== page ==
A 12-year-old boy from Massachusetts claimed he was sent home from school a few weeks ago for wearing a t-shirt that declared that there are “only two genders,” which he was told made other students feel “unsafe.”
Liam Morrison, a seventh grader at John T. Nichols Jr. Middle School in Middleborough, recounted the incident during a Middleborough School Committee meeting on April 13 — and his fiery speech went viral Sunday after being picked up by the popular right-wing Twitter account Libs of TikTok.
Morrison said he was pulled from gym class on March 21 and met with school officials, who told him during what he described as an “uncomfortable talk” that people were complaining about the message on his shirt, which they said made them feel “unsafe.”
“They told me that I wasn’t in trouble, but it sure felt like I was,” the boy stated. “I was told that I would need to remove my shirt before I could return to class. When I nicely told them that I didn’t want to do that, they called my father.”
The 12-year-old noted that his father was supportive of his stance and arrived at school to pick him up.
Morrison insisted that the five words printed on his shirt conveyed “nothing harmful, nothing threatening. Just a statement I believe to be a fact.”
Morrison said he was told the slogan on his shirt was “targeting a protected class” — apparently referring to transgender and nonbinary people — and was a “disruption to learning.”
The 12-year-old pushed back against those claims in his address to the school committee.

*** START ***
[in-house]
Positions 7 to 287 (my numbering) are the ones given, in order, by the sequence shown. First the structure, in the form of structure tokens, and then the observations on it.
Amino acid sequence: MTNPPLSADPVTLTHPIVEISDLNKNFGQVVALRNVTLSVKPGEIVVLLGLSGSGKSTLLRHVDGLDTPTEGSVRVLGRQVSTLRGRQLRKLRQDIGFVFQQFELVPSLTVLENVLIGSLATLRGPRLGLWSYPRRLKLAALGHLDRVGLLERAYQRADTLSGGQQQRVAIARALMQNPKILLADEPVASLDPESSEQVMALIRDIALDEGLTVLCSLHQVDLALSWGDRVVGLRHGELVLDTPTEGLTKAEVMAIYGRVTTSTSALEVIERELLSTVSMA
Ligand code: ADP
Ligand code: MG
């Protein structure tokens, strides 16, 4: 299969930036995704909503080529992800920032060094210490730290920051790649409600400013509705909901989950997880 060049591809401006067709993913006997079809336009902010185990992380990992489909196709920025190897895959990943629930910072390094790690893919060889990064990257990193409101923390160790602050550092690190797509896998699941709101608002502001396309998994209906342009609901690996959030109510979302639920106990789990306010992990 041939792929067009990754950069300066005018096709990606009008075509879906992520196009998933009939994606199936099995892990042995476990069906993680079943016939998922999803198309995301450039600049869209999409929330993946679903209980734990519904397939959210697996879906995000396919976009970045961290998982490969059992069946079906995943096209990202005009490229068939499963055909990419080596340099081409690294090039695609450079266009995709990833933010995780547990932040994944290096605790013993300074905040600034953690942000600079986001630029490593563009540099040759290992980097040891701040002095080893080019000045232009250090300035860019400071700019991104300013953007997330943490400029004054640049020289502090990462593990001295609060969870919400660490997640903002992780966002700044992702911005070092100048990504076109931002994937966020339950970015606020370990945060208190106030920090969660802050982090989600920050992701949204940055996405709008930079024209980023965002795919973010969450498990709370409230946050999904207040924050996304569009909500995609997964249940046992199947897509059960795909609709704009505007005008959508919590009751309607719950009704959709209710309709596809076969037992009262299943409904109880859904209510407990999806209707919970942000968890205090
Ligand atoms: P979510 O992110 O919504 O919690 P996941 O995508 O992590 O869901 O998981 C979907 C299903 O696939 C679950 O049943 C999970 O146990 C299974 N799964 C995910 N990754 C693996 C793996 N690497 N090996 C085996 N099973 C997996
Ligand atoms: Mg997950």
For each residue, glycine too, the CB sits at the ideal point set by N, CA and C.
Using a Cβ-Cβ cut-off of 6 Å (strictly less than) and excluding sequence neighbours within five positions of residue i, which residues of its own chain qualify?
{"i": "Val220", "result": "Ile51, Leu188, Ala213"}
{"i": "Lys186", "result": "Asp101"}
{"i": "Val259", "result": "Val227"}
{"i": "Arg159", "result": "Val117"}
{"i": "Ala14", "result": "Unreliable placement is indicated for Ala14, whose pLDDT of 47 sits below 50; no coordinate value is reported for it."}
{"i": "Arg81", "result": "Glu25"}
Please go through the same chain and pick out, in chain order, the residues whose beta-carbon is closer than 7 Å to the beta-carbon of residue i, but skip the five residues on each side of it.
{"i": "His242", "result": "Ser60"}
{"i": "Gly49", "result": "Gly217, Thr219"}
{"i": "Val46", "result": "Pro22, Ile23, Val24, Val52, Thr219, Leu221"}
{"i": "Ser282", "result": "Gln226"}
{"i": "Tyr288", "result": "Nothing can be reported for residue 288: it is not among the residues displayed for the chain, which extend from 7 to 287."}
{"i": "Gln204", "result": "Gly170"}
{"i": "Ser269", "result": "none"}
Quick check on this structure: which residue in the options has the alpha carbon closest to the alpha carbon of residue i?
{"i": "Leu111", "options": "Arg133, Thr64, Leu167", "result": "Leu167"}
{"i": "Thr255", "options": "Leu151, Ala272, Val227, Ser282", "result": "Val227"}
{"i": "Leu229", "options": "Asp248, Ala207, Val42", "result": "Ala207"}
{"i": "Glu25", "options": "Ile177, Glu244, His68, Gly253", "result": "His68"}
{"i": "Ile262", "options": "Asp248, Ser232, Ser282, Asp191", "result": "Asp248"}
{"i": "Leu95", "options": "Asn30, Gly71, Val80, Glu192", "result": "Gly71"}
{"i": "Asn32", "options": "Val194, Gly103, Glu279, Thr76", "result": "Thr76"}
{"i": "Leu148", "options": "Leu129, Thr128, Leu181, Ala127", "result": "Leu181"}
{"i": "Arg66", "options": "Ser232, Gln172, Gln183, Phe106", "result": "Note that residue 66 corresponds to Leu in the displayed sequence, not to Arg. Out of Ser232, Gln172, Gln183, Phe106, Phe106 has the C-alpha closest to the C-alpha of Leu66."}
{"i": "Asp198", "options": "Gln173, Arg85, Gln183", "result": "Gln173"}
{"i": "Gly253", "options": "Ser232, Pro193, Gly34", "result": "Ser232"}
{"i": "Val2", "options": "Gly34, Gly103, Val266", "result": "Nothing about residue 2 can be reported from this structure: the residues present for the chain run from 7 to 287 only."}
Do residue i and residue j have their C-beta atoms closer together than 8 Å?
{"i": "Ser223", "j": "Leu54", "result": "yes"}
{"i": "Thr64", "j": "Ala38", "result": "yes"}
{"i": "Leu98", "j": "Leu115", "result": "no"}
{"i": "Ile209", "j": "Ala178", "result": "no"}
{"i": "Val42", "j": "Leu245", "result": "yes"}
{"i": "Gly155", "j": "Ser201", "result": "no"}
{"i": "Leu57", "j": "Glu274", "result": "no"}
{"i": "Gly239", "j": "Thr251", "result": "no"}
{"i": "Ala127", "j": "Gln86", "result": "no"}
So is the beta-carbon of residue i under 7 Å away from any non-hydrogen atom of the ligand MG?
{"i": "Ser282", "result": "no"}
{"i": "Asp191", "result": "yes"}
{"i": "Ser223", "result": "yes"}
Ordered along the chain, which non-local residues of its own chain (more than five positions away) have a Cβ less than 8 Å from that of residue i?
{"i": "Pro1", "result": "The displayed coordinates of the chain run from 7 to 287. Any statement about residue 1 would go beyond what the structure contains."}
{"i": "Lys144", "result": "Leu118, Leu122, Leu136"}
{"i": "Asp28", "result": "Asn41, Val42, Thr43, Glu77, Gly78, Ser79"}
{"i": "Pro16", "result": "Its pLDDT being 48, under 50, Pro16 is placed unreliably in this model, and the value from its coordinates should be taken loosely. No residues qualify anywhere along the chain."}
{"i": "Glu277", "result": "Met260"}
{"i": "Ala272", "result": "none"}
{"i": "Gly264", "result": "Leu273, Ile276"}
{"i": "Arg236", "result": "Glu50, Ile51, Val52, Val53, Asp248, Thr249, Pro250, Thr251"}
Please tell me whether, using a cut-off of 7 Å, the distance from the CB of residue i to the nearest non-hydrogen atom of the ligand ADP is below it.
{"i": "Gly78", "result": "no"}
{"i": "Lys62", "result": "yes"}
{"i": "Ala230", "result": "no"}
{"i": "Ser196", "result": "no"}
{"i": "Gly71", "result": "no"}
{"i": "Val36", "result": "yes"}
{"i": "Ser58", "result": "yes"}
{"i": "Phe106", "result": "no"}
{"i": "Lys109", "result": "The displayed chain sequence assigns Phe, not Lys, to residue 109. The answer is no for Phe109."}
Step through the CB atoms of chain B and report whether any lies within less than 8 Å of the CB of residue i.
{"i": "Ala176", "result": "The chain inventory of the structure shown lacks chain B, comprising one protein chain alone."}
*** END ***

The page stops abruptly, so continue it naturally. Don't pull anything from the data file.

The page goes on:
“Who is this protected class?” he asked. “Are their feelings more important than my rights? I don’t complain when I see Pride flags and diversity posters hung throughout the school. Do you know why? Because others have a right to their beliefs, just as I do.”
The seventh-grader further argued that his shirt caused no disruption in the classroom.
“No one got up and stormed out of class. No one burst into tears,” Morrison told his audience. “I’m sure I would have noticed if they had.”
“I experience disruptions to my learning every day,” he added. “Kids acting out in class are a disruption, yet nothing is done. Why do the rules apply to one yet not another?”
Morrison pointed out that before he was booted from the school, “not one person” complained to him directly about the words on his shirt — and he said some students had even expressed their support for him.
The student emphasized that he did not go to school that day wearing that shirt to “hurt feelings of cause trouble,” but rather to exercise his right to free speech.
“I know that I have a right to wear a shirt with those five words,” Morrison said. “Even at 12 years old, I have my own political opinions and I have a right to express those opinions. Even at school. This right is called the First Amendment to the Constitution.”
Morrison concluded his address by calling on the School Committee to protect the rights of students to express themselves freely.
“Next time, it may not only be me,” he warned. “There might be more soon that decide to speak out.”
As the middle-schooler’s defiant speech began drawing attention over the weekend, the Massachusetts Family Institute, a Christian conservative nonprofit, announced on Twitter that it was providing legal support for the boy.
The Middleborough school superintendent did not immediately respond to request for comment Monday.
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